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Sexual harassment by relatives: Still a taboo in Indian Society

Sexual harassment is a horrible violation of a woman’s right to dignity and freedom to live her life. The sole reason constitutes patriarchy and the perception men carry that they are superior to


Sexual harassment is a horrible violation of a woman’s right to dignity and freedom to live her life. The sole reason constitutes patriarchy and the perception men carry that they are superior to women and that any kind of violence or mis-behaviour is acceptable. One of them is sexual harassment by relatives or family members, which is even shameful for the family’s dignity and the meaning that the word “family” carries. Any act of sexual harassment is unacceptable to women, and such an act doesn’t only violate the constitutional rights of women but human rights as well. The word “family” connotes its meaning without even explaining it, as the family is an intimate domestic group which is united by ties of marriage, blood, adoption or legal ties. And in Indian society, people worship such relations, and any shameful act perpetrated by a family member shocks the dignity of the word “family” as well. The laws in India have protected women against such acts and such accused persons and have imparted a greater punishment to set an example for further cases. 


Sexual harassment has been defined by the Supreme Court of India as, any unwelcome, verbal or non-verbal, sexually determined act or gesture against women. Moreover, the sexual harassment at the workplace (prevention, prohibition and Redressal) Act, 2013 has talked about the definition of Sexual harassment.

Under the Act, Sexual harassment is:

“Sexual harassment” includes any one or more of the following unwelcome acts or behaviour[1] namely:—

(i) physical contact and advances; or

(ii) A demand or request for sexual favours; or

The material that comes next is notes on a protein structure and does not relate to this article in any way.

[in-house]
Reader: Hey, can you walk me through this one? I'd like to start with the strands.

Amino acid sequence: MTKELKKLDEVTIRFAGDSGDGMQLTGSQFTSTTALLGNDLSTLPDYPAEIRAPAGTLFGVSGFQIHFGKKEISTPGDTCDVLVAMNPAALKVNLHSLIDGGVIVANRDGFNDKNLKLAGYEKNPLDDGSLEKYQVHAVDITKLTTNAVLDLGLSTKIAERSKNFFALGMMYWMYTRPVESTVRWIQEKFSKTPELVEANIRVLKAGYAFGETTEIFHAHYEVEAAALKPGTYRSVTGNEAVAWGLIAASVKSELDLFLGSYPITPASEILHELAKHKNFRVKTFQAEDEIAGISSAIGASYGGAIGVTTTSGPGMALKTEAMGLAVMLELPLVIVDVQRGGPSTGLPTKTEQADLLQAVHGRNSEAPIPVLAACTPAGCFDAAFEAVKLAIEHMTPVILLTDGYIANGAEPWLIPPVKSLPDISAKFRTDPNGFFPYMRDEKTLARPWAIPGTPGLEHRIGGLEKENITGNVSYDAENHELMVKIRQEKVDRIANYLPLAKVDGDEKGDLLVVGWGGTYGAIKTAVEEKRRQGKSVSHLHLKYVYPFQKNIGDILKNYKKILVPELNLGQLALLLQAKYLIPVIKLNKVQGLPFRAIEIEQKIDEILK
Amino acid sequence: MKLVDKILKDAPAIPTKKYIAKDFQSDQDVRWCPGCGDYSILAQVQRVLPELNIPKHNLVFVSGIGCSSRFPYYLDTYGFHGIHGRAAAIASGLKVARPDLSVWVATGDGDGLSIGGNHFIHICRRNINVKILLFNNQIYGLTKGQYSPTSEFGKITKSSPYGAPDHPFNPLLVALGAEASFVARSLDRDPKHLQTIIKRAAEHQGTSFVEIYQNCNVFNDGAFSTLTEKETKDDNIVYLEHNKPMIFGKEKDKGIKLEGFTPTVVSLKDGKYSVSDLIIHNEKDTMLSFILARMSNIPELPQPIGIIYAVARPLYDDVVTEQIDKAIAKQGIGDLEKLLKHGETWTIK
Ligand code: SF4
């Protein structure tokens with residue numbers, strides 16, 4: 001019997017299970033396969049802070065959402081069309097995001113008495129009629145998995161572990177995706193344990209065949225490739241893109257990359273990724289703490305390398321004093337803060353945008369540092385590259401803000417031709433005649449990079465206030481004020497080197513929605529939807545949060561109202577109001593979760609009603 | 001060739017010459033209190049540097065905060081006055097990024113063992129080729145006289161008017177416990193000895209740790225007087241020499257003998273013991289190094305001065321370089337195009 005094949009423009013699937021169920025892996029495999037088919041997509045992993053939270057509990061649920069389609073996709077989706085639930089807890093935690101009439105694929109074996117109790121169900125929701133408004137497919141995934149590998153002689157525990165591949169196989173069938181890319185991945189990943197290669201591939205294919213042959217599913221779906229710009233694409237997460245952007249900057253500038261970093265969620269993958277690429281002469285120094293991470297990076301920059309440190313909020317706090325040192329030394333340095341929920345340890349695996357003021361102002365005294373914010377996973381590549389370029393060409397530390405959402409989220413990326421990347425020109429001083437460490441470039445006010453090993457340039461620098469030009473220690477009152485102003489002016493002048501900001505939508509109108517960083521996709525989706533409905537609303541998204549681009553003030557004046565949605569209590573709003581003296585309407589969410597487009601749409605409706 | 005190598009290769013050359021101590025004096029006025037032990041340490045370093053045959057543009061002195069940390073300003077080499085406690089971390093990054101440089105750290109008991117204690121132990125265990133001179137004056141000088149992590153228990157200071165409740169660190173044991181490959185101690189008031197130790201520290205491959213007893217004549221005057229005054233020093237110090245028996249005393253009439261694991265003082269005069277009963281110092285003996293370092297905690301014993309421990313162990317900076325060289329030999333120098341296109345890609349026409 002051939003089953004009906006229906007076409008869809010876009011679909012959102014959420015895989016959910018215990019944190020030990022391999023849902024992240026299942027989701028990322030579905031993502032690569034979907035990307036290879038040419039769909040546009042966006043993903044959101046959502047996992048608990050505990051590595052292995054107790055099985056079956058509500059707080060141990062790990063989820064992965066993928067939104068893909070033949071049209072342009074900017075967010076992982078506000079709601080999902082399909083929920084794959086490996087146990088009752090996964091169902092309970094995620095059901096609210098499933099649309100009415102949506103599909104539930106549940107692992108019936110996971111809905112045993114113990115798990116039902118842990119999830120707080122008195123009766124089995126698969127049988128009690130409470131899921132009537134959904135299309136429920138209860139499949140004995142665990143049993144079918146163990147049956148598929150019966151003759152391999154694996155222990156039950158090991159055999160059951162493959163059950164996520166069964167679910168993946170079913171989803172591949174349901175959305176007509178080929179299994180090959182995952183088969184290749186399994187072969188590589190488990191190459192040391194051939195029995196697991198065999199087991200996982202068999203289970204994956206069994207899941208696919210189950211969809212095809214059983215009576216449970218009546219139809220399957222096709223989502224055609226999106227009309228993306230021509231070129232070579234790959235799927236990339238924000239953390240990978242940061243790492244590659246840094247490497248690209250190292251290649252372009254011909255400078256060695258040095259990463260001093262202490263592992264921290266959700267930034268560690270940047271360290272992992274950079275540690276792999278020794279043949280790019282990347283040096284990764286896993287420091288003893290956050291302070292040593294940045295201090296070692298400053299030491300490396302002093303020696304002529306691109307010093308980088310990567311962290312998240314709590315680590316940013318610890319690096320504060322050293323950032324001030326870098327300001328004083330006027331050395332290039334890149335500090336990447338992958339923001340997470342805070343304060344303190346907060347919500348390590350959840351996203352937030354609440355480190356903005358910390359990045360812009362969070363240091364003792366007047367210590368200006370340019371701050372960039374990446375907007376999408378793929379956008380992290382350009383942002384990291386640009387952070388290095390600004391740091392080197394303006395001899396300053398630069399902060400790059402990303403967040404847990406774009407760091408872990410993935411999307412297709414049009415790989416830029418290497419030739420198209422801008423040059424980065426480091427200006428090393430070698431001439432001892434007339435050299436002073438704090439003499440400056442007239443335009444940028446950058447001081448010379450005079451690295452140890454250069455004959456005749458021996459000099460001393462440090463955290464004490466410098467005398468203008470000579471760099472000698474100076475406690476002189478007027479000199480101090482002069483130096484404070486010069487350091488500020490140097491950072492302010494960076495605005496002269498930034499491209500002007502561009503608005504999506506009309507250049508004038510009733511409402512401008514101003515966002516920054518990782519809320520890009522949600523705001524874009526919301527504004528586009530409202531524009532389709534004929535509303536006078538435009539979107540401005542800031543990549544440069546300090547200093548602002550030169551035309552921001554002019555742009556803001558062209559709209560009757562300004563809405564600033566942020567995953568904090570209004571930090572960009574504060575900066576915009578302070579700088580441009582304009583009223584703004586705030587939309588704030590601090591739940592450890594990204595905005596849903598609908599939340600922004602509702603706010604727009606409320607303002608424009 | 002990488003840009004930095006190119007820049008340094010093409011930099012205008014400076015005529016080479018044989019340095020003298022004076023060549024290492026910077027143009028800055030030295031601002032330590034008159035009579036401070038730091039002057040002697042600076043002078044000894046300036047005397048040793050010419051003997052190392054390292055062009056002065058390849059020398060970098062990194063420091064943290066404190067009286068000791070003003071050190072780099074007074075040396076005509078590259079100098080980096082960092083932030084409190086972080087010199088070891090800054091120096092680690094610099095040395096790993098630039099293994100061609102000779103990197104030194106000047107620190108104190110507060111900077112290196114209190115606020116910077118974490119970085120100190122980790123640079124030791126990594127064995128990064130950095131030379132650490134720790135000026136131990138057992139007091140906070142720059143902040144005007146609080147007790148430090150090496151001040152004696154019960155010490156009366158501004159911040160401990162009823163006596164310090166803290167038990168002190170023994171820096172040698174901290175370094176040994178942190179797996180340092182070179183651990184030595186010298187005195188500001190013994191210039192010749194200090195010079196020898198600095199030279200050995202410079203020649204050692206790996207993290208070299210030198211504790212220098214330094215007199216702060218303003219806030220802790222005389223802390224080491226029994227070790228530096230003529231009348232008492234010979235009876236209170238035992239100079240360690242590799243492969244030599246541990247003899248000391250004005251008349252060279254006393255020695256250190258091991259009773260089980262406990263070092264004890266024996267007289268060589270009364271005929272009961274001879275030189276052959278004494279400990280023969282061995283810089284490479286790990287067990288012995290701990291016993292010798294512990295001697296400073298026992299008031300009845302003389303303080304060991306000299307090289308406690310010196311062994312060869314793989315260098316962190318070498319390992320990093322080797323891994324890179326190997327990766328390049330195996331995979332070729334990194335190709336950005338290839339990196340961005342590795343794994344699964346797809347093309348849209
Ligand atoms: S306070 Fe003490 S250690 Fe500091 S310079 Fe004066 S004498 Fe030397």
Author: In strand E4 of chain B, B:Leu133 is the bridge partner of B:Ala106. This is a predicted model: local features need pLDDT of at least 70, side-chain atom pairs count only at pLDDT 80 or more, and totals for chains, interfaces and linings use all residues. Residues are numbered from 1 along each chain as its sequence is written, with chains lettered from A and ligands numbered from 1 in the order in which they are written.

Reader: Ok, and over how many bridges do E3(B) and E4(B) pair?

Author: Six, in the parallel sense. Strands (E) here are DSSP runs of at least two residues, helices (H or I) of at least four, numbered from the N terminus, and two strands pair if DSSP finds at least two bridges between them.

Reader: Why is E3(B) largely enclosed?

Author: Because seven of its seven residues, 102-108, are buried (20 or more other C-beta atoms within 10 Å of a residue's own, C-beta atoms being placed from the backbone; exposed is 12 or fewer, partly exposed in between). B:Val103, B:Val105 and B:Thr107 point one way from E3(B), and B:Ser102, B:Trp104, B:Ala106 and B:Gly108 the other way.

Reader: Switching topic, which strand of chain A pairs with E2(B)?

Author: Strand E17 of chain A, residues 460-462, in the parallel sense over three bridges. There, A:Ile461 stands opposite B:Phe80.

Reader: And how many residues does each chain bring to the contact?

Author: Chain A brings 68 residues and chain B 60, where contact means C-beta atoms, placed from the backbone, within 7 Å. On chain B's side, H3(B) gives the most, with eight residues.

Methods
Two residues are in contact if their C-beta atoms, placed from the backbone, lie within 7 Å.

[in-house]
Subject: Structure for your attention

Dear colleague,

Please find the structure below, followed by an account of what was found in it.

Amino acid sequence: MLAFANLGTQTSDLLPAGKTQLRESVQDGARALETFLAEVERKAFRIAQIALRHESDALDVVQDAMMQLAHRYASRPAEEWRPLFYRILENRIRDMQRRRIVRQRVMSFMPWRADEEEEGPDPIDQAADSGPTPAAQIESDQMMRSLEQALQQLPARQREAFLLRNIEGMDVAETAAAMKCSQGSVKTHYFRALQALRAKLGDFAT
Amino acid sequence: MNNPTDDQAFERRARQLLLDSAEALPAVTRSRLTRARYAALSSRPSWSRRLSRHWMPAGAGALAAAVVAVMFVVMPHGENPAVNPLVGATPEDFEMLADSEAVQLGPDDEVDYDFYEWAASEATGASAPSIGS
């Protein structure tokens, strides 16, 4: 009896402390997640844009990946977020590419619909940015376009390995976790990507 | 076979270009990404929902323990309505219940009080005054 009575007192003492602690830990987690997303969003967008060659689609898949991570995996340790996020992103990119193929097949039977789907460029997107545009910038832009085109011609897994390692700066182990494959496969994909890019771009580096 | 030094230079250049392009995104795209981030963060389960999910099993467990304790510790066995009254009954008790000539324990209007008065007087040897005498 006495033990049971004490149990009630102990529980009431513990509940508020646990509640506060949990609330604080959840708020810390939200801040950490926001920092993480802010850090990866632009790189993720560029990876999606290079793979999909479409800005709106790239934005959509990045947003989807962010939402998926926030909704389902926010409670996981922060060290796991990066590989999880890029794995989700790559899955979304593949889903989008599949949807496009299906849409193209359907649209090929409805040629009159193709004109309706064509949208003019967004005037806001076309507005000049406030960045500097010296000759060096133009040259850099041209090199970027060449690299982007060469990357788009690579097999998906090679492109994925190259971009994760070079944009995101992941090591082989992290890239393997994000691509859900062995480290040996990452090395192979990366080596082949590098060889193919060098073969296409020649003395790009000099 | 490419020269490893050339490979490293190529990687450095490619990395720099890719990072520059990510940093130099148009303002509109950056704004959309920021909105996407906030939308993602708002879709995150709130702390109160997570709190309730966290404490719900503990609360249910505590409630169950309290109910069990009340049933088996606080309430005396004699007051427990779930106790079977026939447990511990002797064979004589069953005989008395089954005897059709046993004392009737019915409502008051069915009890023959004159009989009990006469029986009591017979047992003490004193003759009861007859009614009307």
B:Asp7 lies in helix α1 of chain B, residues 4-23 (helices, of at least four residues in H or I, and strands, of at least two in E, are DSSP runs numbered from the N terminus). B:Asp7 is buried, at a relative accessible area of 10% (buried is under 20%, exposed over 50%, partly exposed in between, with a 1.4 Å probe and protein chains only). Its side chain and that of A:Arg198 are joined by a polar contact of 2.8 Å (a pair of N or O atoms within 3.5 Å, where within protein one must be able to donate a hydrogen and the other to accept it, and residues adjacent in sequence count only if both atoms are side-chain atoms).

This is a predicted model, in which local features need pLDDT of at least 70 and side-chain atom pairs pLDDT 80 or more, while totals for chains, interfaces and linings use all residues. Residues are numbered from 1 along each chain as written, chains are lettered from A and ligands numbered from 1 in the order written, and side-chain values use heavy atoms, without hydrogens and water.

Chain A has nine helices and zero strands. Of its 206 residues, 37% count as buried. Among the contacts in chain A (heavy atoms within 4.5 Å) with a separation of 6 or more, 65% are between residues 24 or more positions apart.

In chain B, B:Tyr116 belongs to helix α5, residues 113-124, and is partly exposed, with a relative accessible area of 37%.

(iii) Making sexually coloured remarks; or

(iv)  Showing pornography; or

(v) Any other unwelcome physical, verbal or non-verbal conduct of sexual nature.

It is well known that people adapt to different perspectives according to the time, but such changes come with positive and negative aspects altogether. It is not a concern of time but of the mindset and mental capacity to understand what should be done and what must not be.

In earlier times, people used to be aggressive, and the exploitation of women was worse than it is at present, as every woman had to bear the burden of values and traditions. People have adopted the mindset that follows the new era of independent women. But the issue of sexual harassment is still the same. Why? most of the time, it is always a misconception that results in such acts held by any man against any female turning out to be a case of sexual harassment. The clothes and outfits of any female don’t justify the reason for any immoral or horrible behaviour by men. As if that would have been the reason, the little girl who hasn’t even attained the age of 10 years and a child who is below 5 years old wouldn’t have been raped if the ‘body’ of any woman excites men to do these acts. These misconceptions that clothes or the way any woman carries herself gives men a reason to pursue any sexual offence come from half of the ratio of females in Indian society, who act as a weapon in respect of these men to enjoy freely.


The term is even horrifying, right? Is the relative blood-related somehow? So, how come any relative engages in such behaviour with a family member? Well, it is not a shocking thing to know about anymore as most cases of sexual harassment nowadays are perpetrated by relatives or any family member. As per the NRCB 2020 Data, sections 4 and 6 of the POSCO Act were examined in respect of the offender’s relationship. It was revealed that, in the majority of cases of sexual harassment, the offenders were family members, friends, neighbours or relatives.[2] According to the NCRB figures 2020, it was found that 11272 cases of sexual harassment were registered in which family friends, neighbours or someone known to the family was involved. In 2019, the number of cases documented in this category was 12,864, suggesting a slight decline in the number of sexual abuse cases.[3] As per the reports by Bangladesh Mahila Parishad, around 87% of women faces sexual harassment by their family members at home.[4]


Sexual harassment by relatives is no doubt a horrible statement to hear about and is shameful as well. But whenever sexual abuse happens by any relative or family member, the other family members side with the relative who is accused instead of the survivor’s side. There are various reasons and various misconceptions as well, which lead the other family members to avoid the statements of the victim.